and Little Brasstown Creek
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Brasstown Creek and Little Brasstown Creek provide 4 really stunning waterfalls that are all very accessible and close to the parking area. A long hike is not required, however for one you'll need to be willing to wade a creek, and for the others, you'll need to scramble down a moderately steep, often muddy trail.
The parking area for all 4 of these falls is off Brasstown road, which turns off Highway 76 twelve miles northwest of Westminster, South Carolina in Oconee County. Turn onto Brasstown Road, which is labeled and paved. The waterfalls are off a Forest Service road, whose turn is about 4 miles down this road.
Brasstown road turns to gravel after a bit, but is in good shape and driveable by any vehicle.
Approximately 4 miles from highway 76, just before Brasstown Road makes a 90 degree turn to the left and goes over a bridge, you'll see a gravel road to the right. This is FS751, and is labeled with a small FS road marker on the right (you sort of have to look for it).
Turn here. The road ends at a parking area in approximately 0.4 mile.
The short trail to the falls begins straight ahead, beyond the boulders. It is well worn and easy to follow, and parallels Brasstown Creek the entire way. The three waterfalls are all within a very short distance, over which the creek drops 100 feet in elevation. Consequently the trail is also quite steep, and the day I was there, very muddy and somewhat slippery. But there are plenty of tree roots for hand holds, and as someone who has trouble with steep downhills, I had no trouble at all navigating the trail.
As you can see from the photo at the top of the page, you get a great view from above as you descend from the first waterfall to the middle one. This middle fall, with its gorgeous, vertical drop, also produces quite a lot of spray, which covers the trail, you, and your camera with moisture! If you look at the very top of the photo of the lower waterfall, you can see some of that spray even there. The middle waterfall is immediately upstream from this lowest one.
As impressive as the middle falls are, with their sheer, vertical drop, I really liked this lowest fall best. There is a massive, vertical rocky wall that extends far up the opposite side of the creek where this chute of water descends. There is also a large swimming hole at the base. Beyond here, Brasstown Creek levels out and follows a winding path on its way downstream. If you're careful, it is easy to wade along through the creek further downstream.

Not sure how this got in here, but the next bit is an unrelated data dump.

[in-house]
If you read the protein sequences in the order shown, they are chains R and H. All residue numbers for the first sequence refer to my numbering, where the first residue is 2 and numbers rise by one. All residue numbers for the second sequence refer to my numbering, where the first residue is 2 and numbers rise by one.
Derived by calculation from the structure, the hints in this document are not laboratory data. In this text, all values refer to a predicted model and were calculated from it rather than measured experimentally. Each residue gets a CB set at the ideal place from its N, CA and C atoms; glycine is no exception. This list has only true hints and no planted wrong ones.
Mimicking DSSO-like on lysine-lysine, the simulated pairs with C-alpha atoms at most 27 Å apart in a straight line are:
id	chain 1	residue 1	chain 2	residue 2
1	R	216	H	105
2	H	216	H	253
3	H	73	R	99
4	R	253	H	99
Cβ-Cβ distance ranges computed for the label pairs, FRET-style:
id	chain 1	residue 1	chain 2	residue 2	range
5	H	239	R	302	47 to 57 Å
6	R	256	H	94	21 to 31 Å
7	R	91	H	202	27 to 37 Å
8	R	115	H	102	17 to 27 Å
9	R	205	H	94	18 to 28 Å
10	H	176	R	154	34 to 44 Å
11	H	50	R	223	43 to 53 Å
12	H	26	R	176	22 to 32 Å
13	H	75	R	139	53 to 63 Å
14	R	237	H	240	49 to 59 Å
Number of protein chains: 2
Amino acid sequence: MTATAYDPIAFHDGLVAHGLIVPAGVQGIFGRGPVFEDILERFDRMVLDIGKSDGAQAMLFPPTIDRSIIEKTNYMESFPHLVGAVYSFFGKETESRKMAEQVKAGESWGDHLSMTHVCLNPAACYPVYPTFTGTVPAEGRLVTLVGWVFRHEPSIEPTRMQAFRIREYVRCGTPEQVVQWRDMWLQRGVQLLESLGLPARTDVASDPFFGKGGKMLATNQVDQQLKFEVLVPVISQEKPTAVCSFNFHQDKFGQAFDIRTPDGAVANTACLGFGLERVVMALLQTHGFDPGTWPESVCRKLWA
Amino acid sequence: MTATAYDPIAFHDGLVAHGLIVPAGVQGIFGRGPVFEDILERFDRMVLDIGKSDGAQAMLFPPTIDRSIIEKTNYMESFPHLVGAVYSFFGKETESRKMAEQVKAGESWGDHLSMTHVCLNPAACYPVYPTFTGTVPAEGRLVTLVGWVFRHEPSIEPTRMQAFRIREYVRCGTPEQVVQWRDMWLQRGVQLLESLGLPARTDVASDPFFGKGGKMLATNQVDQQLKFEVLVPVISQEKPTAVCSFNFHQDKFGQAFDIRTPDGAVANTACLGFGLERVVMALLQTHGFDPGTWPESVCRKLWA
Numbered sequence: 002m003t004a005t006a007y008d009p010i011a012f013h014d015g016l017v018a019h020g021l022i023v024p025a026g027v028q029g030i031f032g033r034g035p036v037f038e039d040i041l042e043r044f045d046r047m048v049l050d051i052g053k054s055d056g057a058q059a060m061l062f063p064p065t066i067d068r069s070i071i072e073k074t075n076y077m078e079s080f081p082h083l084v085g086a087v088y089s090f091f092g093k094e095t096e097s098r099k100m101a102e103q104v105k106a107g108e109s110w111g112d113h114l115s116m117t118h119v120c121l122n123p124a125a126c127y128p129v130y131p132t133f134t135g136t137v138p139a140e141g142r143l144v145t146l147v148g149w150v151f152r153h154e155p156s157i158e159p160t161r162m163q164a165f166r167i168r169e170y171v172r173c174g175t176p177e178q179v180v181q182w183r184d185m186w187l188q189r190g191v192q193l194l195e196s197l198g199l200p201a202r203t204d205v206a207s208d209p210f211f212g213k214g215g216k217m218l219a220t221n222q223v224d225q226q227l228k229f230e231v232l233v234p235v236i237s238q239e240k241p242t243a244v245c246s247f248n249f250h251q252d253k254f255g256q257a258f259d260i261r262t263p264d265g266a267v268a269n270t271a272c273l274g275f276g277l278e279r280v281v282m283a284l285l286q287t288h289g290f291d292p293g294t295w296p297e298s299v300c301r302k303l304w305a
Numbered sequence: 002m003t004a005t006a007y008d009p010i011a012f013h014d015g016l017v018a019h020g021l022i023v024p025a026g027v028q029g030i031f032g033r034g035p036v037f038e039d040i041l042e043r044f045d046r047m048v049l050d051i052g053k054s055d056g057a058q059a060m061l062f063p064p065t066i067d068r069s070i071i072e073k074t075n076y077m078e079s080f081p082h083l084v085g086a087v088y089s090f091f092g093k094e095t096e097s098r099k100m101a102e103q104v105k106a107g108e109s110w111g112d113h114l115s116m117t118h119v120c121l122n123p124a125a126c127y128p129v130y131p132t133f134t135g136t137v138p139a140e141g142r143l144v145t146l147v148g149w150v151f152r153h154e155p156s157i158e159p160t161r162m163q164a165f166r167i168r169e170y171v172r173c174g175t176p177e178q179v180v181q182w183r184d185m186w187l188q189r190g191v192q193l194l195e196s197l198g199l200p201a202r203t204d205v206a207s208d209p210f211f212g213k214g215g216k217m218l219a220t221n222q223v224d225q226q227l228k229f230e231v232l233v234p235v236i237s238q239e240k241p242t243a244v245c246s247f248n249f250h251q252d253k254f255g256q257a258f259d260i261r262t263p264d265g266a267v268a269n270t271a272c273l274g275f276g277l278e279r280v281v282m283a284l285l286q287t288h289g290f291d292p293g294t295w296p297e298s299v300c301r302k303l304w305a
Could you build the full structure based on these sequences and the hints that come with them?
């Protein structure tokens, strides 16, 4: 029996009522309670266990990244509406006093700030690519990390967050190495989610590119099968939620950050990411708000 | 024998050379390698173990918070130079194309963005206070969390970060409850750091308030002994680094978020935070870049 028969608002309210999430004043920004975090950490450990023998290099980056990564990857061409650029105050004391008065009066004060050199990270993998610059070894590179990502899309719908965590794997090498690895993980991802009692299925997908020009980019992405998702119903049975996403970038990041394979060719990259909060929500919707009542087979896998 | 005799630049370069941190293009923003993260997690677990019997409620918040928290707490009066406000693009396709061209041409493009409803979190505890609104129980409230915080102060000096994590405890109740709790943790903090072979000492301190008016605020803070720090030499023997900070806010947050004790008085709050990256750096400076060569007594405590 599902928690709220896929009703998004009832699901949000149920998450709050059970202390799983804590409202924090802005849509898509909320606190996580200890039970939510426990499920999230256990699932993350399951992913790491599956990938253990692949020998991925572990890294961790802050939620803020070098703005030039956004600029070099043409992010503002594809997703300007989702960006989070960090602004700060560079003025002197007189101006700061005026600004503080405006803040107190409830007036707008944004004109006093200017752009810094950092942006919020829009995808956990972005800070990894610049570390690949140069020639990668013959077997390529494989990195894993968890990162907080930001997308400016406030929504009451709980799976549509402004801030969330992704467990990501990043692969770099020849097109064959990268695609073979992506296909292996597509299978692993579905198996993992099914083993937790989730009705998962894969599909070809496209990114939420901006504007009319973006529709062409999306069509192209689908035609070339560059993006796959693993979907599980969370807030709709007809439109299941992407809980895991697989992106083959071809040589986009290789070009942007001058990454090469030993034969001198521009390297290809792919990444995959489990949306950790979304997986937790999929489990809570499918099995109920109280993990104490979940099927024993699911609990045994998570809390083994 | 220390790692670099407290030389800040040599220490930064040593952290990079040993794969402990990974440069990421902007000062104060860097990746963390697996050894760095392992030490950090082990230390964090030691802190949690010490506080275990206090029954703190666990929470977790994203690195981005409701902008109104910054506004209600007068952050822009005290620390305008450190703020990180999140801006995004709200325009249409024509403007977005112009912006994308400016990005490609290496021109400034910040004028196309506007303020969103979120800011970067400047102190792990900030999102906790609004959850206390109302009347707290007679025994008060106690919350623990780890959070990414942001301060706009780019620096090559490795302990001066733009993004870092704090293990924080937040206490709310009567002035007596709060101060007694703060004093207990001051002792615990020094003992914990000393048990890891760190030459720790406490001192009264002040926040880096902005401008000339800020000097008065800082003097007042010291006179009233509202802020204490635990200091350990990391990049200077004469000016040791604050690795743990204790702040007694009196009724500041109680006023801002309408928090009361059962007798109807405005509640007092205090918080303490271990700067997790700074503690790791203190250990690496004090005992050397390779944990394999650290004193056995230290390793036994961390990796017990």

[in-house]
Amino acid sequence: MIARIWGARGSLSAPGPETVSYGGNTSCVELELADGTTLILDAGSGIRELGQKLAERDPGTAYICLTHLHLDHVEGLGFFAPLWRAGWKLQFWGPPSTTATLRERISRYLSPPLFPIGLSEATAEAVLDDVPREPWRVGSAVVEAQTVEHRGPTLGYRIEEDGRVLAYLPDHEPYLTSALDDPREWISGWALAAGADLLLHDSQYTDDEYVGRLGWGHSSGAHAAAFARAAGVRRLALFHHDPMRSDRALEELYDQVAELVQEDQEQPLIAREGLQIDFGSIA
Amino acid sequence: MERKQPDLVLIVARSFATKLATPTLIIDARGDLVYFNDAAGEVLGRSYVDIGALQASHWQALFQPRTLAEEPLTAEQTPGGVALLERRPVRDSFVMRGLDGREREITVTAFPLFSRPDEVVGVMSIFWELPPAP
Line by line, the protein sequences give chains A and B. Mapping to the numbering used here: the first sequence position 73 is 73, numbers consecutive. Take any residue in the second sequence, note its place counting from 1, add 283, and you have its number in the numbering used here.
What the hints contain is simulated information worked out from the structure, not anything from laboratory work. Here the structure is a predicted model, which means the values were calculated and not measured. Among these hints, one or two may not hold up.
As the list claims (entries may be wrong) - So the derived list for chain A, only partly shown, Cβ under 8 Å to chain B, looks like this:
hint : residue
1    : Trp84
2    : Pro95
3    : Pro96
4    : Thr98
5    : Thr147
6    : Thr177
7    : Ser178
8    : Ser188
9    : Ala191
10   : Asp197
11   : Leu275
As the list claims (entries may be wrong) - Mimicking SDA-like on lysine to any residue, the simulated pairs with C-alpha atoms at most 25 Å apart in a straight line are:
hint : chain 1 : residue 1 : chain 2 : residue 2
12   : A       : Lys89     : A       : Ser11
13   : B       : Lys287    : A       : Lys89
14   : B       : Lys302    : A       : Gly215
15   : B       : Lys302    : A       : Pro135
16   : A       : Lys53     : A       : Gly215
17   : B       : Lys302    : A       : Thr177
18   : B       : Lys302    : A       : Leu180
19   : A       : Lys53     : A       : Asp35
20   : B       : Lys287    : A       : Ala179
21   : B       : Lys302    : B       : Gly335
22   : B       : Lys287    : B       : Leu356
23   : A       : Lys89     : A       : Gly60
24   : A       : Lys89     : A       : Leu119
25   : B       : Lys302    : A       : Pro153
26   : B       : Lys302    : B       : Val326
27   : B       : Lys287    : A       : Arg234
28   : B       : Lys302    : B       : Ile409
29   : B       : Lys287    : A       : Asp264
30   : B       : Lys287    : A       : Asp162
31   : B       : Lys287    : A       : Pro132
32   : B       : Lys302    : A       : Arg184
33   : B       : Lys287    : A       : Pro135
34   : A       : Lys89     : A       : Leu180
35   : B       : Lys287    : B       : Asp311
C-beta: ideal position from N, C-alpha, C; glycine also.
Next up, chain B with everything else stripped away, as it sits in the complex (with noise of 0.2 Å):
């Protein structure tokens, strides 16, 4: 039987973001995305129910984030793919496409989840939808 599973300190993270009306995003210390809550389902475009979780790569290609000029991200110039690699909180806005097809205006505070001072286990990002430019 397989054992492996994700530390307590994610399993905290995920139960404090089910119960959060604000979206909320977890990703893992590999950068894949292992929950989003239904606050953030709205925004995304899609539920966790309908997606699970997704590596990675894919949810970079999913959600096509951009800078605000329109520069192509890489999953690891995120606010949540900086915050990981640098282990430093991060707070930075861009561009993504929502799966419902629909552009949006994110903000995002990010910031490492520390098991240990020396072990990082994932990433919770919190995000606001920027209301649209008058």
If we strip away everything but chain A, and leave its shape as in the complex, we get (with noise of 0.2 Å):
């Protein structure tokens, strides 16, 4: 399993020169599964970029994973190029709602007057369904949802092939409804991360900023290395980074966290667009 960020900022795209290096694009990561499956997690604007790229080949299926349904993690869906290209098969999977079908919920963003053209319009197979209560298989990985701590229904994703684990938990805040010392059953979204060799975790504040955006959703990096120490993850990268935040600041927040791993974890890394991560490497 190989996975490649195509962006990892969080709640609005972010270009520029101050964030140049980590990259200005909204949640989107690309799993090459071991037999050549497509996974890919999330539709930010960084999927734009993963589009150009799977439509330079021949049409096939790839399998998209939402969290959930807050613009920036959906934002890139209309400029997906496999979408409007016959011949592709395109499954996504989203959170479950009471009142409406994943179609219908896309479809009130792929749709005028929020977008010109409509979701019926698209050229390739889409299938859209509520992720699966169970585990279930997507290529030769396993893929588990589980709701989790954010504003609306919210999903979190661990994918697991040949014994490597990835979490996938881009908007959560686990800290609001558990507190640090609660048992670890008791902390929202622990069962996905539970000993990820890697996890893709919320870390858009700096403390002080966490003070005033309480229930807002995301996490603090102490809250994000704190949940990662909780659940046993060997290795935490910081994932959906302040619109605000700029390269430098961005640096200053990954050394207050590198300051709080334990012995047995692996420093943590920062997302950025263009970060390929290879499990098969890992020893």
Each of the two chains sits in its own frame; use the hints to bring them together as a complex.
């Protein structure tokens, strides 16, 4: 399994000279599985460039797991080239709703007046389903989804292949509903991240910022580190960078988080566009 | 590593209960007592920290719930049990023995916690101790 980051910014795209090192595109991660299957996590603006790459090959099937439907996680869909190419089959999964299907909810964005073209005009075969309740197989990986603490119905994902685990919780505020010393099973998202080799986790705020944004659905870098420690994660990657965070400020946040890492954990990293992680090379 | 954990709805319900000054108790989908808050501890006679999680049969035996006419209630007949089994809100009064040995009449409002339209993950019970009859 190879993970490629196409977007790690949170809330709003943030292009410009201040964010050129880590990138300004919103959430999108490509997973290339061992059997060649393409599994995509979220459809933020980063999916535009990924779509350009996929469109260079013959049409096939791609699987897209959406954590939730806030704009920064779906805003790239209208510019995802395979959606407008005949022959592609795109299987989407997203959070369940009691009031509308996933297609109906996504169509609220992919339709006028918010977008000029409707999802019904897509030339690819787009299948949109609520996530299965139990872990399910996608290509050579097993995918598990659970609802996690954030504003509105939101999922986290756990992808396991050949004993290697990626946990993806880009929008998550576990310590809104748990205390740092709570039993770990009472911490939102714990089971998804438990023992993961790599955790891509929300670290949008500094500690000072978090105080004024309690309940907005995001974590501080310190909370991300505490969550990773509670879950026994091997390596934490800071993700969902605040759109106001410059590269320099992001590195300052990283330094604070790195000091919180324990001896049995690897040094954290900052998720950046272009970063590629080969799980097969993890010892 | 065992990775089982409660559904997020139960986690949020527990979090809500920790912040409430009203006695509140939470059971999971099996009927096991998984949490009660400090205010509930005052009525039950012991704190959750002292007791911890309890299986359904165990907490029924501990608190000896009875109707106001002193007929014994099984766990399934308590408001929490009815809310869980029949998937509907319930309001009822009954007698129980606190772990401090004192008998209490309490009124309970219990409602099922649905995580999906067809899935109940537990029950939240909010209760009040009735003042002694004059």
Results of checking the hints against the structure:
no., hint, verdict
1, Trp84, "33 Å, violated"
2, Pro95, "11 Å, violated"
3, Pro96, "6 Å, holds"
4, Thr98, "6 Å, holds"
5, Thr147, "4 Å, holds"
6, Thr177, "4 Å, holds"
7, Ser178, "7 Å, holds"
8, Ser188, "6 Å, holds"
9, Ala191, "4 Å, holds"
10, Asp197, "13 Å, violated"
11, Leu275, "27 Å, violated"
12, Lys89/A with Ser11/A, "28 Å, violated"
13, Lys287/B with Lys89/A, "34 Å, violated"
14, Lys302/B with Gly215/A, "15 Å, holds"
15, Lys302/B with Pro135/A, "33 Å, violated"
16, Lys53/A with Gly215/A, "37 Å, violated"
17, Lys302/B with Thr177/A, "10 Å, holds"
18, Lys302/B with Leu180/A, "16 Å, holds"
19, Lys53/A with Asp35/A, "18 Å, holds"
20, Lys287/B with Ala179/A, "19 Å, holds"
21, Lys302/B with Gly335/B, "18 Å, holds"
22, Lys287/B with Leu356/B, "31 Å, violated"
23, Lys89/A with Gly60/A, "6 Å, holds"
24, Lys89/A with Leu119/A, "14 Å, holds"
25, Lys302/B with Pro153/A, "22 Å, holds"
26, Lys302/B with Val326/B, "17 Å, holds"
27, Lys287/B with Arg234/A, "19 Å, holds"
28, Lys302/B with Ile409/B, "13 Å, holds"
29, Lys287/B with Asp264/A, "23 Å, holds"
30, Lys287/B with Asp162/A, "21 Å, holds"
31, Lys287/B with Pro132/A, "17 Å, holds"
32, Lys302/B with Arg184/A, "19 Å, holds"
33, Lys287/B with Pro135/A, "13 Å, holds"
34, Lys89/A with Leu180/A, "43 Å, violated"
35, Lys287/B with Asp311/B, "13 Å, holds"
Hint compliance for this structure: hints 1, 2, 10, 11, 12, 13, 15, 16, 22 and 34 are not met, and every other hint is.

After enjoying these gorgeous three waterfalls, make the short steep climb back up the trail towards the parking area. To reach Little Brasstown Falls, you'll note a campsite to your right (as you're heading back towards the parking area). This is just before the wooden informational sign about Sumter National Forest.
Walk into and through the campsite to Brasstown Creek. If you look upstream, you can see where Little Brasstown Creek joins Brasstown Creek, right in a 90 degree turn of Brasstown Creek. The day I did this hike, I could actually see Little Brasstown Falls as soon as I turned into the campsite, but water levels were up quite a bit.
You'll have to cross Brasstown Creek to reach Little Brasstown Creek, and you'll note several areas where folks have done this. There are a couple large logs that have fallen completely across the creek, and if you have good balance, you could probably make it across on these, but since I'd already spent most of the morning swimming and wading by the other three falls, I just got in the water and waded across.
Little Brasstown Falls
There is a small grave marker/memorial at this waterfall, memorializing "Timmy", who died in 1999. I'd love to find out more information about him.
More pictures in my flickr set.
REMEMBER -- Safety First:
A site like this, with impressive, easily accessible waterfalls invites exploration. Please keep in mind that every year, a handful of people fall to their deaths around waterfalls. Moving water and wet rocks = slippery. Even wading in the creek downstream from all three of the falls has areas were fast flowing water (even it it's just knee deep) can easily knock a person off their feet.
Be very cautious, and resist the urge to head out to the top of a waterfall. Gravity never takes a vacation!